Video Gamers: Reflection of Society

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Games in Culture

I’m not a guy, but I have lots of male gamer friends. My experiences amongst them have taught me they like games that are fast paced, action packed, and trigger happy. The constant stimulation and reaction type responses are valued as much as coordination and precision. Most games on the market for guys are the kind of thing you can sit down with a bunch of friends and battle it out. Sports and fighting games dominate the top of the charts tend to be the kind of games you can play the whole way through in a matter of minutes or hours. Most popular male games have lots of graphic violence, high pitched sound effects, and portray women in a sexual nature. They focus on complex combinations of buttons and buttons sequences and ranking up level after level.

Does this reflect the mindset in our patriarchal society? Are men driven towards quick relief, fast responses and sessions of intense violence? Crime ratings in men tend to be highest with sex offenders and extremely violent offenders being predominantly male. If video games are a reflection of our society as it stands now, the picture being painted is one twisted looking Van Gogh.

My inferences here come from my own personal preferences and the trends I see in young girls on my gaming websites. Growing up I found the games for female audiences sorely lacking: under-developed, under-budget atrocities with Barbie brands on their pink-petaled covers. These games use few buttons for movement, and lots of bright colors and “happy” gag-me sounds. In fact, the games becoming popular among girls and women are role playing, MMO and strategy games. Games dealing with community and society and God gameplay. These games seem to accurately represent the more social relationships between girls and women.

Does this reflect a growing consciousness in women? Once the underdogs of society you see more and more prominent figures cropping up every year. In fact, the changing attitudes in games marketed for women seem to reflect this — Barbie Super Sleuth to the Sims 2 and the new family centered Wii games.

Games as a Lifestyle

Come on now, let’s just step right out and say it. The more time and money we spend invested in video games the more they reflect our culture. What was once a form of entertainment has become a bona fide way of expression and in some ways an art form. Will the continuing trends in video games run parallel to the changing attitudes and perspectives of a nation as they seem to be now or will the road split and follow another path? With systems like the Wii and the more immersive gameplay being introduced my prediction is things are only going to converge.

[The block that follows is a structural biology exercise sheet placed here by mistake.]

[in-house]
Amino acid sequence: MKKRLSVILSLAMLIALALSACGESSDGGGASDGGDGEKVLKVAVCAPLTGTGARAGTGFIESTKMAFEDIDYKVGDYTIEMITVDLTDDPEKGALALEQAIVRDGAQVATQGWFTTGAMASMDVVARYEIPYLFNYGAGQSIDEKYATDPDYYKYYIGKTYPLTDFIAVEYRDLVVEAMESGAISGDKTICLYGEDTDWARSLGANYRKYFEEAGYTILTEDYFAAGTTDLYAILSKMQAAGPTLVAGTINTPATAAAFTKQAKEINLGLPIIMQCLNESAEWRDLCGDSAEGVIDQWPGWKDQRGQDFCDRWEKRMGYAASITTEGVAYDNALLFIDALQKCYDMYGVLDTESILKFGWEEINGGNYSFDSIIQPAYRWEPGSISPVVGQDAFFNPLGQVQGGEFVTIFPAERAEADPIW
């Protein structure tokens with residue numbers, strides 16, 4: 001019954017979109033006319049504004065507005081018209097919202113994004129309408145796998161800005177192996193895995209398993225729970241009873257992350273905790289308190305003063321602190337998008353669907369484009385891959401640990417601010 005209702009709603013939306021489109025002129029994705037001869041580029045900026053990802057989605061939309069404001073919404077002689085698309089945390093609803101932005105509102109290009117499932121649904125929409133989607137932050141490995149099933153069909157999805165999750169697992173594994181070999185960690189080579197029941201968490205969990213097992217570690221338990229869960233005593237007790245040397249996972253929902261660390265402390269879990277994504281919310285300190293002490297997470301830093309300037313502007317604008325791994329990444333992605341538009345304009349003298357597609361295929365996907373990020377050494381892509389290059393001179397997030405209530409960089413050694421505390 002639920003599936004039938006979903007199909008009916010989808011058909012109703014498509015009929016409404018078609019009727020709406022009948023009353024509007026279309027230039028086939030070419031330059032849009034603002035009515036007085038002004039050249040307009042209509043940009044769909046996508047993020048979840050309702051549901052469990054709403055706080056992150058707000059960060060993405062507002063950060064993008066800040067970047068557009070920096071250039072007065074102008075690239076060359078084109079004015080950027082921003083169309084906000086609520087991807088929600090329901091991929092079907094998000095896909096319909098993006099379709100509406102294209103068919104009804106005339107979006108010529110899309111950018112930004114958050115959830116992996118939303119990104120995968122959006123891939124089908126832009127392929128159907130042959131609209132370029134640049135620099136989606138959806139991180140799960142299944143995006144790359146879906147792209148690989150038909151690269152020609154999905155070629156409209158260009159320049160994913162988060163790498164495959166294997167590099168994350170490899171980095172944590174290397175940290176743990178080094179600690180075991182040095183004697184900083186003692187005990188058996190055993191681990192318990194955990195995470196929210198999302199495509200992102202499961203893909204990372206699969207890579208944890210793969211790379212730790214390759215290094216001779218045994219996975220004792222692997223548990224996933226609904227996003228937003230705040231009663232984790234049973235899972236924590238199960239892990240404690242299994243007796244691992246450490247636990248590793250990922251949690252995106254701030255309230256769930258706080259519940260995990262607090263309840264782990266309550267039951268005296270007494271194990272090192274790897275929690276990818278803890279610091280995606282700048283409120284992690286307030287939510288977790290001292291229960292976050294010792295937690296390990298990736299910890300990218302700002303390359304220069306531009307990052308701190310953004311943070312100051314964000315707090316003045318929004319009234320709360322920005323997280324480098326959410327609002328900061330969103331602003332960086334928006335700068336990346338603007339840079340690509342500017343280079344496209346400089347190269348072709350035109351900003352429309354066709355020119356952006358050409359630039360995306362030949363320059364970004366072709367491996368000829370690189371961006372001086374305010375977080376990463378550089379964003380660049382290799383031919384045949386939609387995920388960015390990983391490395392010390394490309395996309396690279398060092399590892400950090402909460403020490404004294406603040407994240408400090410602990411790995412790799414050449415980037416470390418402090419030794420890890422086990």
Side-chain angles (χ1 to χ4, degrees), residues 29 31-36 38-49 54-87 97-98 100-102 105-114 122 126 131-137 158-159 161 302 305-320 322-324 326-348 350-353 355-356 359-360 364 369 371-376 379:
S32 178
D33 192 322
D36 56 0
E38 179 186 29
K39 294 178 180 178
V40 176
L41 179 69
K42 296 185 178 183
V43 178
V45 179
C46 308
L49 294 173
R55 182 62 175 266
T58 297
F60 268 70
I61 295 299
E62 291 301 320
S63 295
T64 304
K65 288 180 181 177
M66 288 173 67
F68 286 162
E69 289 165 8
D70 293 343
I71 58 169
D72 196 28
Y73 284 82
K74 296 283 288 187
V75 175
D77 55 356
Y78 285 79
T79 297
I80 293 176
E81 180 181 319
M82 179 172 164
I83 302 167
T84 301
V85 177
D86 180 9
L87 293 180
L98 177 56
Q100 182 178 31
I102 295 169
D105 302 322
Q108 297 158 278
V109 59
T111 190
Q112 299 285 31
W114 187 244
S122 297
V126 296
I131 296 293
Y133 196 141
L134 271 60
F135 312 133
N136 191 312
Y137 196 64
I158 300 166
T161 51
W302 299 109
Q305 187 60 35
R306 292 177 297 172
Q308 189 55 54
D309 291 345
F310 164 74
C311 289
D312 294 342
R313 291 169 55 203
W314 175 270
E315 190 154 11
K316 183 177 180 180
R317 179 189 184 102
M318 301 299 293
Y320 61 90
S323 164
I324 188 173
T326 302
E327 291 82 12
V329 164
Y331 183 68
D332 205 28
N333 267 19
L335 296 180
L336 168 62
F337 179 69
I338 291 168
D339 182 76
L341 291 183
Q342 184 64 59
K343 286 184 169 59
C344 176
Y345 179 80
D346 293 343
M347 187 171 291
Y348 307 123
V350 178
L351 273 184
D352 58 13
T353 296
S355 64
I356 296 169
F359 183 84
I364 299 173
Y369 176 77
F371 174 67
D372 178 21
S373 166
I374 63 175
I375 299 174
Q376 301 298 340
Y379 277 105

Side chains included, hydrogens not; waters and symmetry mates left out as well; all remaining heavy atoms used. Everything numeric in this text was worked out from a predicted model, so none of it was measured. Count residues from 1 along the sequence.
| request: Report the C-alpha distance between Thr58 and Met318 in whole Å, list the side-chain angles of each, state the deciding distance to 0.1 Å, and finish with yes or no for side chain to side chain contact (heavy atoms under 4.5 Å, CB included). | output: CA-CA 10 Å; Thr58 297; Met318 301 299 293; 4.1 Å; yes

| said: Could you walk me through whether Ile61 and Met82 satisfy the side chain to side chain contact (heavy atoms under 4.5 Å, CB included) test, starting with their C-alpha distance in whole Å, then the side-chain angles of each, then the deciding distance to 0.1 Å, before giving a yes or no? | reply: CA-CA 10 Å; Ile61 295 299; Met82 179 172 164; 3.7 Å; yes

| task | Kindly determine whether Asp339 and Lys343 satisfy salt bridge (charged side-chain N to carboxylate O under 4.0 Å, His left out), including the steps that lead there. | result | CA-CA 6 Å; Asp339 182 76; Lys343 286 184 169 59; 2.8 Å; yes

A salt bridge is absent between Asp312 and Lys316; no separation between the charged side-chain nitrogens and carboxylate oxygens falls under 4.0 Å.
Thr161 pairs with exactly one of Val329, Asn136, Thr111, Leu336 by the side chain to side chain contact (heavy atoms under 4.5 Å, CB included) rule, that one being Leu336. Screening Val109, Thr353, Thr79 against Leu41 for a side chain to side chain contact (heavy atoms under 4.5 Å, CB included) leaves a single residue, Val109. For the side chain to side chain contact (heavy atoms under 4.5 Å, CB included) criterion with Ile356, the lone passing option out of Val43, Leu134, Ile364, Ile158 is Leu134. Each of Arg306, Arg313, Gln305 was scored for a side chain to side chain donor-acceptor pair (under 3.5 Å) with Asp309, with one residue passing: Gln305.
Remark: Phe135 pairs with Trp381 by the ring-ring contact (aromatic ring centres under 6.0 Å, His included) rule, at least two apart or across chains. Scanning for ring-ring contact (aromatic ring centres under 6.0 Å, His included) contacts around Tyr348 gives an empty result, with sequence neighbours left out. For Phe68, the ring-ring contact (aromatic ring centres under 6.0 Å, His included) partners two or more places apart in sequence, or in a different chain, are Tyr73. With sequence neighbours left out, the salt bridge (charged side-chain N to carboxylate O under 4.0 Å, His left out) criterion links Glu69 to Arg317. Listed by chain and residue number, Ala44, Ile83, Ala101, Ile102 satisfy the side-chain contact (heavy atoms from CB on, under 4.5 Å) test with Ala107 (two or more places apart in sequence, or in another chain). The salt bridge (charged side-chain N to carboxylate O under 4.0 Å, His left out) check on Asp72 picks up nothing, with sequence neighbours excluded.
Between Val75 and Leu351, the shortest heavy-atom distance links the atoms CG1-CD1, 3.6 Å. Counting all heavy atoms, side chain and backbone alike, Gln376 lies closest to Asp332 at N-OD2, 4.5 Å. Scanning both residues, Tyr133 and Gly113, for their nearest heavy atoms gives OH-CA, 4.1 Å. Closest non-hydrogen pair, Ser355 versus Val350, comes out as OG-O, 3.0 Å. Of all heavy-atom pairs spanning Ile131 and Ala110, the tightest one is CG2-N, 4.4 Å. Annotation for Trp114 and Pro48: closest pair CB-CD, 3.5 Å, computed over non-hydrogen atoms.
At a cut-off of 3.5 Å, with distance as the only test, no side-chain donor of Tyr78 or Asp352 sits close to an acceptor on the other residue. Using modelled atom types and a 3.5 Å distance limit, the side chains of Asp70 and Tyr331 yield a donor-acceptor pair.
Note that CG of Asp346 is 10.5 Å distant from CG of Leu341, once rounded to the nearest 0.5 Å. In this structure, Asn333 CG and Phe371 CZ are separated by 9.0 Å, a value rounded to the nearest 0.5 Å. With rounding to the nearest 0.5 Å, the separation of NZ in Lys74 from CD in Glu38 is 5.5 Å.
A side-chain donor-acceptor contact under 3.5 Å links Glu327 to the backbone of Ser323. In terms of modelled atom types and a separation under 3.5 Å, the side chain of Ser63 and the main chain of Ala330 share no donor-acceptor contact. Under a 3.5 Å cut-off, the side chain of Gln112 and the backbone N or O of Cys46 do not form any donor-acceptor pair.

Say bye bye to the TV and hello to the virtual world you can step into dressed like your favorite second life character. Wave your hand in your living room and watch as you construct a house in the middle of the forest on a different continent. Visit a dance club in Hong Kong while you bust a move in front of your bedroom window. Earn a living playing video games, go to the Halo Olympics or drive a car at high speeds from your couch.

Games as the Future

Who ever thought you could drive a motorized vehicle at speeds or over 100mph or cook an entire dinner in under a few minutes in a small heated box? Games are an expression of where we’ve been, where we are now, and where we’re going to be. The explore our creativity to the far ends of human possibility and continue to push and probe ever deeper. As we live and learn, are born and die, our games are molded and shaped by the hands of time and the inquisitive mind of technology.

Our culture, our games are a box overflowing with possibilities. All we have to do is step outside.

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